Sectarian violence fuelled by Syria’s civil war has broken out in the northern Lebanese city of Tripoli and, last month, two rockets fired at southern Beirut, controlled by the Shi’ite Hezbollah militia, brought the violence deeper into Lebanon.
On Wednesday, Syrian government forces backed by Hezbollah fighters seized control of the Syrian town of Qusair, near the Lebanese border.
The six-nation Gulf Cooperation Council (GCC) told its citizens that the unstable security situation in Lebanon “makes the presence of GCC nationals there unsafe”, GCC Secretary-General Abdulatif al-Zayani said in a statement, without elaborating.
Visitors from wealthy Gulf states account for the bulk of Lebanon’s vital tourism income, which has been hit hard by the unrest in Syria.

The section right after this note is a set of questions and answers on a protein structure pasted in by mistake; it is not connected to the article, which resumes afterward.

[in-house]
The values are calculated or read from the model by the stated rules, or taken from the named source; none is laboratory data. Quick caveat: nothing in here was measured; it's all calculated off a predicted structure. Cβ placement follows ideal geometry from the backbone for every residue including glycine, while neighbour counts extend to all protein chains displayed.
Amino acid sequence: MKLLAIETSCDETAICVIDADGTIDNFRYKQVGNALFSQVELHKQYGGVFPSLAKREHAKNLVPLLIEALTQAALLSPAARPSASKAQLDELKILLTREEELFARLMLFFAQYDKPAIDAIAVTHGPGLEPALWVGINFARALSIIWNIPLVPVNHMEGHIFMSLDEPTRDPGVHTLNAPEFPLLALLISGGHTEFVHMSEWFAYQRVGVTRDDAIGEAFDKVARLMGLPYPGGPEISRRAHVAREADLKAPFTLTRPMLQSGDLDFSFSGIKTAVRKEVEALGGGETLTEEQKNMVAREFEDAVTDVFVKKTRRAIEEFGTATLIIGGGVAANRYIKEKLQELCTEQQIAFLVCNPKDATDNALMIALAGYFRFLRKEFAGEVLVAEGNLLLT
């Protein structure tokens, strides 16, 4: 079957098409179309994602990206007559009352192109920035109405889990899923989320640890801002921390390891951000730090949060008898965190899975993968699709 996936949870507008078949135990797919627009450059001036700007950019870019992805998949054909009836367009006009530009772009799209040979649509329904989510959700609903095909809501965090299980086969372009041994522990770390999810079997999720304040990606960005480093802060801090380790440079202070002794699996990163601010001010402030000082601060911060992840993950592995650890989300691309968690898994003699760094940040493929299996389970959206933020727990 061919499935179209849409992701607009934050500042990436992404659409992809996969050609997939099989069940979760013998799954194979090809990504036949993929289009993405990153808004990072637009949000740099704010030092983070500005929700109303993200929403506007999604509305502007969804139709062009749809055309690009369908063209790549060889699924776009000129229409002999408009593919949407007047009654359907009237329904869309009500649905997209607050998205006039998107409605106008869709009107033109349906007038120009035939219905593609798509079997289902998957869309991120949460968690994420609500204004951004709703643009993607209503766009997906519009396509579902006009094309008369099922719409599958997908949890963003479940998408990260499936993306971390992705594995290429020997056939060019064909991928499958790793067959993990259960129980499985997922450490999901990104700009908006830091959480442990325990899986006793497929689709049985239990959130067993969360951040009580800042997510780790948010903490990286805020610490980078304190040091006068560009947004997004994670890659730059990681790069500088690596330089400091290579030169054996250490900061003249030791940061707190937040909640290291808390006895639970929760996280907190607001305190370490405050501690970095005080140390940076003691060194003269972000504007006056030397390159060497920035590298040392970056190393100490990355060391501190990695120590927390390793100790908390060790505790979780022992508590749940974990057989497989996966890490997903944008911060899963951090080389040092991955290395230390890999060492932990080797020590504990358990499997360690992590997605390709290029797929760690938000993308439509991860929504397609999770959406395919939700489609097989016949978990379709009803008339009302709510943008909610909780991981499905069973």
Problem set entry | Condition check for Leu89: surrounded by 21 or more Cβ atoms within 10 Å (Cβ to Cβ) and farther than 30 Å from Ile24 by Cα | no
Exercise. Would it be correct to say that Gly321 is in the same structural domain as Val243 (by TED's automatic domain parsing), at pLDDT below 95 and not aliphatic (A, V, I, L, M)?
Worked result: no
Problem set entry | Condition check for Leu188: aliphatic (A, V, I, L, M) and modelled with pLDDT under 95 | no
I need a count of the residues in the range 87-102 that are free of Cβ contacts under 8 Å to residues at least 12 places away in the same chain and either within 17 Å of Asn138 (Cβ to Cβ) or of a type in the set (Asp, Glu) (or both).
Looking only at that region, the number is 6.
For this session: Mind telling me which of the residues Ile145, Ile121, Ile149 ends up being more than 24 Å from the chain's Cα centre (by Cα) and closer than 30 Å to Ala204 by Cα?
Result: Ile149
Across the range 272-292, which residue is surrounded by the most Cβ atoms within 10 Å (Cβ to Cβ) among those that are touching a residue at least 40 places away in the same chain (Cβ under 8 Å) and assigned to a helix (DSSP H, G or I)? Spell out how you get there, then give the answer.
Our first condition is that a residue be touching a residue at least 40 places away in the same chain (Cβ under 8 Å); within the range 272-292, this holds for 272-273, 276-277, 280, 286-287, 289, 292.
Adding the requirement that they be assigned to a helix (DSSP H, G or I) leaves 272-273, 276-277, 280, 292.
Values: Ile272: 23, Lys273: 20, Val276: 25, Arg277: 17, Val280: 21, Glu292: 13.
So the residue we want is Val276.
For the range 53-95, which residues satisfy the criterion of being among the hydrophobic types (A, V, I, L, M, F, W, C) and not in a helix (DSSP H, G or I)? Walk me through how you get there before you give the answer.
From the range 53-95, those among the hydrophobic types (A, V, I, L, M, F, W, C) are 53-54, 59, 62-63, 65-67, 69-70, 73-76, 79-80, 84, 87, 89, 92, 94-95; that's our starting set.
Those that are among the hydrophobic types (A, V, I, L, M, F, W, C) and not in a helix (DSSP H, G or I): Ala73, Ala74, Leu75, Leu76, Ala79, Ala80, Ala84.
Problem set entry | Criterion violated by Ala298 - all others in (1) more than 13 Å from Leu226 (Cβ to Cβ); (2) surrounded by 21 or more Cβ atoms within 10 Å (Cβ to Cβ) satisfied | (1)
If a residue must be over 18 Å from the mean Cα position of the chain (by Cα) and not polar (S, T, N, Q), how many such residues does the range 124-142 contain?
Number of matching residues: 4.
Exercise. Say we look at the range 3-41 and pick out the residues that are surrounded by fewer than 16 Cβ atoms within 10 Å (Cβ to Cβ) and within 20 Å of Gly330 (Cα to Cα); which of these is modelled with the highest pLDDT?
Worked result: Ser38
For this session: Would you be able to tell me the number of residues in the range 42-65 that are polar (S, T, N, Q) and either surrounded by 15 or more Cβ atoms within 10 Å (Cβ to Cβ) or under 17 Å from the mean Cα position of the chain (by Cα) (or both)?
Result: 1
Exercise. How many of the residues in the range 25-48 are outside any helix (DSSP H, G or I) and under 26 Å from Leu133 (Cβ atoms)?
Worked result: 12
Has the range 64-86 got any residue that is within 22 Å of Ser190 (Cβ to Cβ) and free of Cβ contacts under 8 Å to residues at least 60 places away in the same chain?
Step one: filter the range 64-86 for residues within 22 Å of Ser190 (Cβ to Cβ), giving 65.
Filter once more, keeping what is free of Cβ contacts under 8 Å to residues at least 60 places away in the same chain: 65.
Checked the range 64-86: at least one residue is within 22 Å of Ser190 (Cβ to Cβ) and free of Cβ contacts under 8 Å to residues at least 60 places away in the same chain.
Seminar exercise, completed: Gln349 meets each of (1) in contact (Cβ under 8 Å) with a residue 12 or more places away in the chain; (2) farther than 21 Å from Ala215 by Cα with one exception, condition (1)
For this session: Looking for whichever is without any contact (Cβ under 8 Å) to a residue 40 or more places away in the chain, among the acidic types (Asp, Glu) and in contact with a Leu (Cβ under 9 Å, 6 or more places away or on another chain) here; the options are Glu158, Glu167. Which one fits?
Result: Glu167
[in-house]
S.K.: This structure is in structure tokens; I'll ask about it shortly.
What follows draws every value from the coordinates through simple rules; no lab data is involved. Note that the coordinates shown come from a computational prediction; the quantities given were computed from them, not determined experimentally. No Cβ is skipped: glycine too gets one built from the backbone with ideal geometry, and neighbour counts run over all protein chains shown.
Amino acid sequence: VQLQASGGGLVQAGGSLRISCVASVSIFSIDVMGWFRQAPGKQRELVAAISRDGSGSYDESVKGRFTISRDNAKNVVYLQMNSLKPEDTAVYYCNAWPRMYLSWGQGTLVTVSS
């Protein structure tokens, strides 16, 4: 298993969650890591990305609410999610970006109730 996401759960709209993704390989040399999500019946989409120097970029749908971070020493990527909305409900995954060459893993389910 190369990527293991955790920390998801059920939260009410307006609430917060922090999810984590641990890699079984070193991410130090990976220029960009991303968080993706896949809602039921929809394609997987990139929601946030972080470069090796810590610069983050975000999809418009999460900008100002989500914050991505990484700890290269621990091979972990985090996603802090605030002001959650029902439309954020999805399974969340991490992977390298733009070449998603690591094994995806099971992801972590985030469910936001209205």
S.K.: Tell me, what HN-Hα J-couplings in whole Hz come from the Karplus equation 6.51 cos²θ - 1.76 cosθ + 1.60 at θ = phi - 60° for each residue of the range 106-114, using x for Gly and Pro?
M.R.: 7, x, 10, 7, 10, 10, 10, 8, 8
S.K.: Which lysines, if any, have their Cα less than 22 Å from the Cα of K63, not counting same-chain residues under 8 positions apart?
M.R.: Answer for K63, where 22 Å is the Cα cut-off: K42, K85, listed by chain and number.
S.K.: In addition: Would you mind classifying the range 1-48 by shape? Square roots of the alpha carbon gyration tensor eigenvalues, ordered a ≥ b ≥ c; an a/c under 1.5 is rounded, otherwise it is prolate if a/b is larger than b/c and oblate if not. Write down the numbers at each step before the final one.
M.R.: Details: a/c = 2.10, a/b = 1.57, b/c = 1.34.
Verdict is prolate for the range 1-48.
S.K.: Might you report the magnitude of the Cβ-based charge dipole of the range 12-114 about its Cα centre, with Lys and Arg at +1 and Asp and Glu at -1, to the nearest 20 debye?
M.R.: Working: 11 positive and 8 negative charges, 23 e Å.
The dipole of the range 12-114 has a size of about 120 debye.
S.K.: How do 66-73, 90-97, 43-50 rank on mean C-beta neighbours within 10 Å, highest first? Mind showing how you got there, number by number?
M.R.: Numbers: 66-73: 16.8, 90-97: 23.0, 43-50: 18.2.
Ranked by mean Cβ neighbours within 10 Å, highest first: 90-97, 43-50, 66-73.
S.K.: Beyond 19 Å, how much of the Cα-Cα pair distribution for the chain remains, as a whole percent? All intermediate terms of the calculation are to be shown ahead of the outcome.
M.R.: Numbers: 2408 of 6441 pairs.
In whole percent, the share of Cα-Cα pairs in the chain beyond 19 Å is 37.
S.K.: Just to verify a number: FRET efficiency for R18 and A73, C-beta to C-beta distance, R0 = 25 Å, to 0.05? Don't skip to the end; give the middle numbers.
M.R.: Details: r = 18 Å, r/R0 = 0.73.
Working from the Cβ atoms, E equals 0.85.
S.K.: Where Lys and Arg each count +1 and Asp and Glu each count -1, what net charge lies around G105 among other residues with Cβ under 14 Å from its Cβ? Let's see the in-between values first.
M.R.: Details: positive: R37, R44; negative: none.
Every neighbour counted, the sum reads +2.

The United Arab Emirates and Kuwait have already issued their own travel warnings for Lebanon. The GCC also includes Bahrain, Saudi Arabia, Qatar and Oman.
The Sunni Muslim leaders of the Gulf Arab states have long called for Syrian President Bashar al-Assad, whose ruling establishment are mostly members of an offshoot of Shi’ite Islam, to step down. Saudi Arabia and Qatar have both been arming the rebels.
Bahrain’s deputy foreign minister said on Sunday that GCC states would consider taking action against Hezbollah if it continued its involvement in Syria’s civil war or interfered in Gulf Arab affairs.
The Arab League and the United States have also urged Hezbollah to pull its fighters from Syria. France has said up to 4,000 Hezbollah militiamen are fighting alongside forces loyal to Assad.